Wednesday June 14, 2006 - 10:21:41 GMT
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Black Swan Capital - www.blackswantrading.com
â€śThere are worse things in life than death. Have you ever spent an evening with an insurance salesman?â€ť
Letâ€™s blame it on Japanâ€¦sounds better than the other rationales weâ€™ve seen...
â€śTo the extent that easy money has been responsible for driving up global asset prices, the main source of this excess liquidity has not been America but Japan. In the past five years, the Bank of Japan has not just kept interest rates at zero but also flooded the markets in Tokyo with 30 trillion yen (roughly $300 billion) of excess reserves every night. This policy expanded Japanâ€™s money supply to the same level as Americaâ€™s, in an economy only one third the size â€” and much of this money has flowed abroad, resulting in ultra-low interest rates and rising asset prices around the world.â€ť
Anatole Kaletsky, TimesOnline
What people don`t realize is that the Japanese Central Bank has withdrawn something like over $200 billion worth of excess liquidity from the Japanese banks. Now, that money wasn`t put to work in Japan because there was no room for it. A lot of that went abroad, went into the emerging markets. There was a so-called carry trade. And it isn`t that suddenly people are risk-averse. It`s really that liquidity has been drawn out of the market.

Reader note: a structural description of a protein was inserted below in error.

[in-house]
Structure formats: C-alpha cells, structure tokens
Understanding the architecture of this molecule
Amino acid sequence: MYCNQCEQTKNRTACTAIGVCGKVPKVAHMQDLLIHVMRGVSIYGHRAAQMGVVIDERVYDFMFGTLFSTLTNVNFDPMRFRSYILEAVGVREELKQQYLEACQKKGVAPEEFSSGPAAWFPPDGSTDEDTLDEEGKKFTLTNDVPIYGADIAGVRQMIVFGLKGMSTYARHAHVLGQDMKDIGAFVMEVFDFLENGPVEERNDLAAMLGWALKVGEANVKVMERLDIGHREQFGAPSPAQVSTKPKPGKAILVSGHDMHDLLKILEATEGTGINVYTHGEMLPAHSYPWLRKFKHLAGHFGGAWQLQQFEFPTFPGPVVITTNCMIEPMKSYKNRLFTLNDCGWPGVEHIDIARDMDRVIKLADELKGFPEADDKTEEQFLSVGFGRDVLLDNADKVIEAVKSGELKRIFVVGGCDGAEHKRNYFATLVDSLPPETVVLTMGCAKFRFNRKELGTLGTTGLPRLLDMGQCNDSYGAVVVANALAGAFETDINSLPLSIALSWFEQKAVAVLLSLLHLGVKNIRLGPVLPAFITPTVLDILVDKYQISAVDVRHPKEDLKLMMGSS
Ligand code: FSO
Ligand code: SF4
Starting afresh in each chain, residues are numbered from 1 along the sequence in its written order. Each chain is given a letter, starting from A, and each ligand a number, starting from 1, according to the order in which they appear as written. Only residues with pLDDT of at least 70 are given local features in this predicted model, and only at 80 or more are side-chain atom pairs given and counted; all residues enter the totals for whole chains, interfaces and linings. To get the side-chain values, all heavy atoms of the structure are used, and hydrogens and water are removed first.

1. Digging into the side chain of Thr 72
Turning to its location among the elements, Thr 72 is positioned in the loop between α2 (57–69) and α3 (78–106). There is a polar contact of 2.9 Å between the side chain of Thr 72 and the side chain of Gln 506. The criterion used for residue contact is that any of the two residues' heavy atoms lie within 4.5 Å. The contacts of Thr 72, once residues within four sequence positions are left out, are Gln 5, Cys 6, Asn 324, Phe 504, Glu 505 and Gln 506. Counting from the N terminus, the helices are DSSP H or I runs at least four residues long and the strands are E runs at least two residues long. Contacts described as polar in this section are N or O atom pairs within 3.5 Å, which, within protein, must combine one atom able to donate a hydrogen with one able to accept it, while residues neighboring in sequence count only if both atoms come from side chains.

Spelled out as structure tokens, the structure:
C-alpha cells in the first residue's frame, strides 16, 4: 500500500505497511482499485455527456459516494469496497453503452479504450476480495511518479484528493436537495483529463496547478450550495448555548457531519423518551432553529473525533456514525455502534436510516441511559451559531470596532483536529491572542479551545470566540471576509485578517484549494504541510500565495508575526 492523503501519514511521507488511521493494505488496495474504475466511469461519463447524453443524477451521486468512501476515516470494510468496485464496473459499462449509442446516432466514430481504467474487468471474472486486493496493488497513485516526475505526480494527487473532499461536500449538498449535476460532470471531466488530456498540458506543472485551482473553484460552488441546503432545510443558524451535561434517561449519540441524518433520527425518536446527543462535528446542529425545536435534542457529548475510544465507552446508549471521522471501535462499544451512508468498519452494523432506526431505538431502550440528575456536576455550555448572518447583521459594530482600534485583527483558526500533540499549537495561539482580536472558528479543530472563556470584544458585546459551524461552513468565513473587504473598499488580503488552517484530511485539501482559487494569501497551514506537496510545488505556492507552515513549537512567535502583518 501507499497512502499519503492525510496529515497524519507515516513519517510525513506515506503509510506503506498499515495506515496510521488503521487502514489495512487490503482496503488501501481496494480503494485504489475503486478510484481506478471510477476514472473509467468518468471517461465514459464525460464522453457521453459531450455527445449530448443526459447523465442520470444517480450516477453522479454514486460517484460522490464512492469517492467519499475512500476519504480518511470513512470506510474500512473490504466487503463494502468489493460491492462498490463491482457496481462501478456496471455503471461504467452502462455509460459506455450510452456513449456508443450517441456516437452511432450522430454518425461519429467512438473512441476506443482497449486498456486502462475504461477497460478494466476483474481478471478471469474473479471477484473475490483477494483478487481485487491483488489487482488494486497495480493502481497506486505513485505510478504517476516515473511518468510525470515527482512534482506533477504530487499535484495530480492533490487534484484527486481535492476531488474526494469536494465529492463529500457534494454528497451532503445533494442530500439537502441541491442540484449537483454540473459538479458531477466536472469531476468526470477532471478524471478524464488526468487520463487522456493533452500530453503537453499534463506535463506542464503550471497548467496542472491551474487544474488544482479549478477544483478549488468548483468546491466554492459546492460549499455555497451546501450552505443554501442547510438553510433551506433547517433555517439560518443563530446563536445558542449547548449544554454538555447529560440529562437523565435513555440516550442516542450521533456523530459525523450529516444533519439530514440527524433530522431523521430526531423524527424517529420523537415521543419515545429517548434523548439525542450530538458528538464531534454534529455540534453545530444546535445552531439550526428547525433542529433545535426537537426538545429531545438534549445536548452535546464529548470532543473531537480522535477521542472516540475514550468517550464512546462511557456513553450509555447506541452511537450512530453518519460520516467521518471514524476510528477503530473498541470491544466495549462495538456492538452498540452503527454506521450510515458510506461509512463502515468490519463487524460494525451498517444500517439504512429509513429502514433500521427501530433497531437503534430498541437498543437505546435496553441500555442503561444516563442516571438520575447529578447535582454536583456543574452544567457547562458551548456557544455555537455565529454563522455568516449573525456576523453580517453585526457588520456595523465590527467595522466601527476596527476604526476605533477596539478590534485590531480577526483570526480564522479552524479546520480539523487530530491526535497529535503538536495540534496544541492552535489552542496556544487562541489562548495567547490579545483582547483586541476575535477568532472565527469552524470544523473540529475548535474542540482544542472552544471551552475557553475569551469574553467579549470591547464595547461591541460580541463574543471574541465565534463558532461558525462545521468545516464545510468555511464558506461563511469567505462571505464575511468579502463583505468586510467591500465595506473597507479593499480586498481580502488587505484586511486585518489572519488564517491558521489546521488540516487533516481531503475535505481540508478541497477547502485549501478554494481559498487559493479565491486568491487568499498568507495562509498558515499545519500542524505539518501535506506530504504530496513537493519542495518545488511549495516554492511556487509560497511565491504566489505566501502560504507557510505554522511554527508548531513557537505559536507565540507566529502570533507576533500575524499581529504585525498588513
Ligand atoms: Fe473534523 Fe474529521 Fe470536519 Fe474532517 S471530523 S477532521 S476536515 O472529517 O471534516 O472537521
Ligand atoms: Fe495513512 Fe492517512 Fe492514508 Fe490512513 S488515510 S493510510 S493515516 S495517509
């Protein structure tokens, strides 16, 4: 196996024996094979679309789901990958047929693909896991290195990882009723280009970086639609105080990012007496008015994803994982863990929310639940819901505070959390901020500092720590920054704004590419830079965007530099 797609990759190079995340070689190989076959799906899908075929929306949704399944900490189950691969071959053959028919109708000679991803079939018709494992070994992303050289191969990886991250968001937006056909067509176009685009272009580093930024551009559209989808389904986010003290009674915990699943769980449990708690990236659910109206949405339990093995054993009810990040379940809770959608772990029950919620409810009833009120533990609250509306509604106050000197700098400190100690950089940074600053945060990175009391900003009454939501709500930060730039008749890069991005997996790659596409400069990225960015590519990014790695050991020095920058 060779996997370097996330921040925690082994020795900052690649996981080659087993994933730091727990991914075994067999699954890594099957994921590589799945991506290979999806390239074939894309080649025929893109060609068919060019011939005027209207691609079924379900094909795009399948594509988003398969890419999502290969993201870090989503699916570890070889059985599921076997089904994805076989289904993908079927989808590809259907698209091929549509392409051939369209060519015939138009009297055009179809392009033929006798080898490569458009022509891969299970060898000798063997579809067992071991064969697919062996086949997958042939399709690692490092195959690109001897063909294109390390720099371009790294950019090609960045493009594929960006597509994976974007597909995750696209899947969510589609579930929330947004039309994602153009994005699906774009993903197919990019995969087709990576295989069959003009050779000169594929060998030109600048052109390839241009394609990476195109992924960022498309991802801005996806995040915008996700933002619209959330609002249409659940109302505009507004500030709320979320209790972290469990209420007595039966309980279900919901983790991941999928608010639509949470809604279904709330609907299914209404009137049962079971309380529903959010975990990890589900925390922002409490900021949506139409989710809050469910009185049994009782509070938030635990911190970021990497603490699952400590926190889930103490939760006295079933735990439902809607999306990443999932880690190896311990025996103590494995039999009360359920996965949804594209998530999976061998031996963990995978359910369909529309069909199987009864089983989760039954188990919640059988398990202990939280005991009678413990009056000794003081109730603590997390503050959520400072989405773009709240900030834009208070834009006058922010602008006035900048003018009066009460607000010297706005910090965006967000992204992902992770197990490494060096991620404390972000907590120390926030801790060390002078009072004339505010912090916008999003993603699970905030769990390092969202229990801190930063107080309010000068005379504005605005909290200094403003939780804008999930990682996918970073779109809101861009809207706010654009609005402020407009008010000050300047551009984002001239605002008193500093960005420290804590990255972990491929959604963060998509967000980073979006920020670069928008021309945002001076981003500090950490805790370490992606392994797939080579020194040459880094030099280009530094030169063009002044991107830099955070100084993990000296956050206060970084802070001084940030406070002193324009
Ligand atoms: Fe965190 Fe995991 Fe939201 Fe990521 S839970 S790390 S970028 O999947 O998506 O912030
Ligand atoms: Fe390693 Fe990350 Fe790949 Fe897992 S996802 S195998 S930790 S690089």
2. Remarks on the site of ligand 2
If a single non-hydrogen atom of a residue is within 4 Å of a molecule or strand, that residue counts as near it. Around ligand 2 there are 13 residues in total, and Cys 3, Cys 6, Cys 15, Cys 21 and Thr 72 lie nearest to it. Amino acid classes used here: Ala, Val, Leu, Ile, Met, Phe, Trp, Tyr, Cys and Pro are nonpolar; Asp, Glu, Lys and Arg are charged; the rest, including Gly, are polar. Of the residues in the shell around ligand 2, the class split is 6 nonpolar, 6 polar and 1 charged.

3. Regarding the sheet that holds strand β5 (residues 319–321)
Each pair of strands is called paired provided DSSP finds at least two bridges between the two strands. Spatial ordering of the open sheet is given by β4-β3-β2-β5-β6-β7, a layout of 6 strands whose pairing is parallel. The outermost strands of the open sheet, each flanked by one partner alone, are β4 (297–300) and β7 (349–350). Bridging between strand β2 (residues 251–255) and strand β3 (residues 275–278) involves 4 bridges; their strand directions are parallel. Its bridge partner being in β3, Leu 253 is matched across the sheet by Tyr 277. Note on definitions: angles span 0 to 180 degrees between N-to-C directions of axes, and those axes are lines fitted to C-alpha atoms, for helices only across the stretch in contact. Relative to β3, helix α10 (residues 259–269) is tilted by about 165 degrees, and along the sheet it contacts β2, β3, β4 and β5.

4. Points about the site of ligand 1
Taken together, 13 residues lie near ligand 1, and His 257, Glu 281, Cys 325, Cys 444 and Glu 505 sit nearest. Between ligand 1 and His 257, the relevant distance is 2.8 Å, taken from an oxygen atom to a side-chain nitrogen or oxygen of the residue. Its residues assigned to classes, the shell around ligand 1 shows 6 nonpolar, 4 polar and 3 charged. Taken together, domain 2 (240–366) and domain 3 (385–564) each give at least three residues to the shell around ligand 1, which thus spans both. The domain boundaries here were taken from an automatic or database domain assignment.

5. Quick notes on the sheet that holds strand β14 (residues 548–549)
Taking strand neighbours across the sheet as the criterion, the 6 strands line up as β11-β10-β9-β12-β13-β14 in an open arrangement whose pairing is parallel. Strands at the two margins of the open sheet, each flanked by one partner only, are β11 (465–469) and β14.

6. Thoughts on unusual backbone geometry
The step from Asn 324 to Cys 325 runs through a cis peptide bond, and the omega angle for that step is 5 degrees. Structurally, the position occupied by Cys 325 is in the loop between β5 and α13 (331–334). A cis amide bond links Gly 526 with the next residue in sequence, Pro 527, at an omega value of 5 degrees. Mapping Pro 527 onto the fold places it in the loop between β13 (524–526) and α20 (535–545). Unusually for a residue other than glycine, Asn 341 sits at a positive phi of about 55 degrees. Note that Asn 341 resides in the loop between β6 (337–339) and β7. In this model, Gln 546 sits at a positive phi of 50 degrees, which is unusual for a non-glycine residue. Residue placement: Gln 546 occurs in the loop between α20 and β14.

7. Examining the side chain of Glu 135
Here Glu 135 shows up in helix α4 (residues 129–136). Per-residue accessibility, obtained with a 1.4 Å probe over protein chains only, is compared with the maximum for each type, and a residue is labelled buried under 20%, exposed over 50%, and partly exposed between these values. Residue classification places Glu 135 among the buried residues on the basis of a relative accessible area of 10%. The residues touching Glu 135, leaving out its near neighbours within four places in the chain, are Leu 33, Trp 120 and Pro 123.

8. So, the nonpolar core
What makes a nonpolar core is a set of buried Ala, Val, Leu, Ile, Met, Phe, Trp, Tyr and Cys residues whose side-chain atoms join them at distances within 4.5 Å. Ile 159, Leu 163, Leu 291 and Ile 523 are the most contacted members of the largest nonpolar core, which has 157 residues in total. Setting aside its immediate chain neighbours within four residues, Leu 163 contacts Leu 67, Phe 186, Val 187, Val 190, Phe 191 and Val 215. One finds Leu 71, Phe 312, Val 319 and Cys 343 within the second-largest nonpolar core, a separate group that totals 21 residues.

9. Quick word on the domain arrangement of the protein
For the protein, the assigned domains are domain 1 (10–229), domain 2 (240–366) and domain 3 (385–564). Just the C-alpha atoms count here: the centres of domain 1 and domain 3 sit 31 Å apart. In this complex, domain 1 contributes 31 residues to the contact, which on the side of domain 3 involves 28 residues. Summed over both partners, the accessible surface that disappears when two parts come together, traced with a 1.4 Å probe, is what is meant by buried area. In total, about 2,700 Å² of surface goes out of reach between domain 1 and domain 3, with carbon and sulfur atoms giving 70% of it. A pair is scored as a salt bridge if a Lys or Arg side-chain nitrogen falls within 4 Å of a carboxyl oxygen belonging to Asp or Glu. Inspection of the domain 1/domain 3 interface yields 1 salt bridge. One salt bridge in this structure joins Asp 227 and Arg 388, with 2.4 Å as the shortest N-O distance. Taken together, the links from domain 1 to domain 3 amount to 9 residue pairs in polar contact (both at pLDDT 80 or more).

George Soros, paraphrased from a recent appearance on CNBC
The good news is Mr. Kalentsky expects Japanâ€™s low interest rates to be with us for a while, they should remain â€śnear zero for another year or so and, even more importantly, they will not rise above 1 per cent for the rest of this decade,â€ť he writes. If that be the case, Mr. K expects it to â€śunderpin surprisingly high prices in global financial markets.â€ť
Underpinning is exactly what metals and equity traders are searching for. Yesterday was ugly for gold. If we try to play the Elliott Wave game with the gold chart, here is what we generate on a weekly basis:
The measuring point for the lowâ€”to create retracement levelsâ€”goes back to $255 per once in April 2001, making the first key retracement area at $550 (38%); gold reached $555 yesterday:
Given the maxim that nothing goes straight up or straight down, which is called into question when you look at the chart above, does it mean we are in for a bounce today? A lower than expected US CPI number at 8:30 a.m. EST would do the trick, we think.
If inflation proves to be â€śmanageable,â€ť then we can get back to the more comfortable playâ€”rising gold and falling dollar. After all, thatâ€™s how itâ€™s supposed to work, isnâ€™t it?
Jack Crooks, Black Swan Capital
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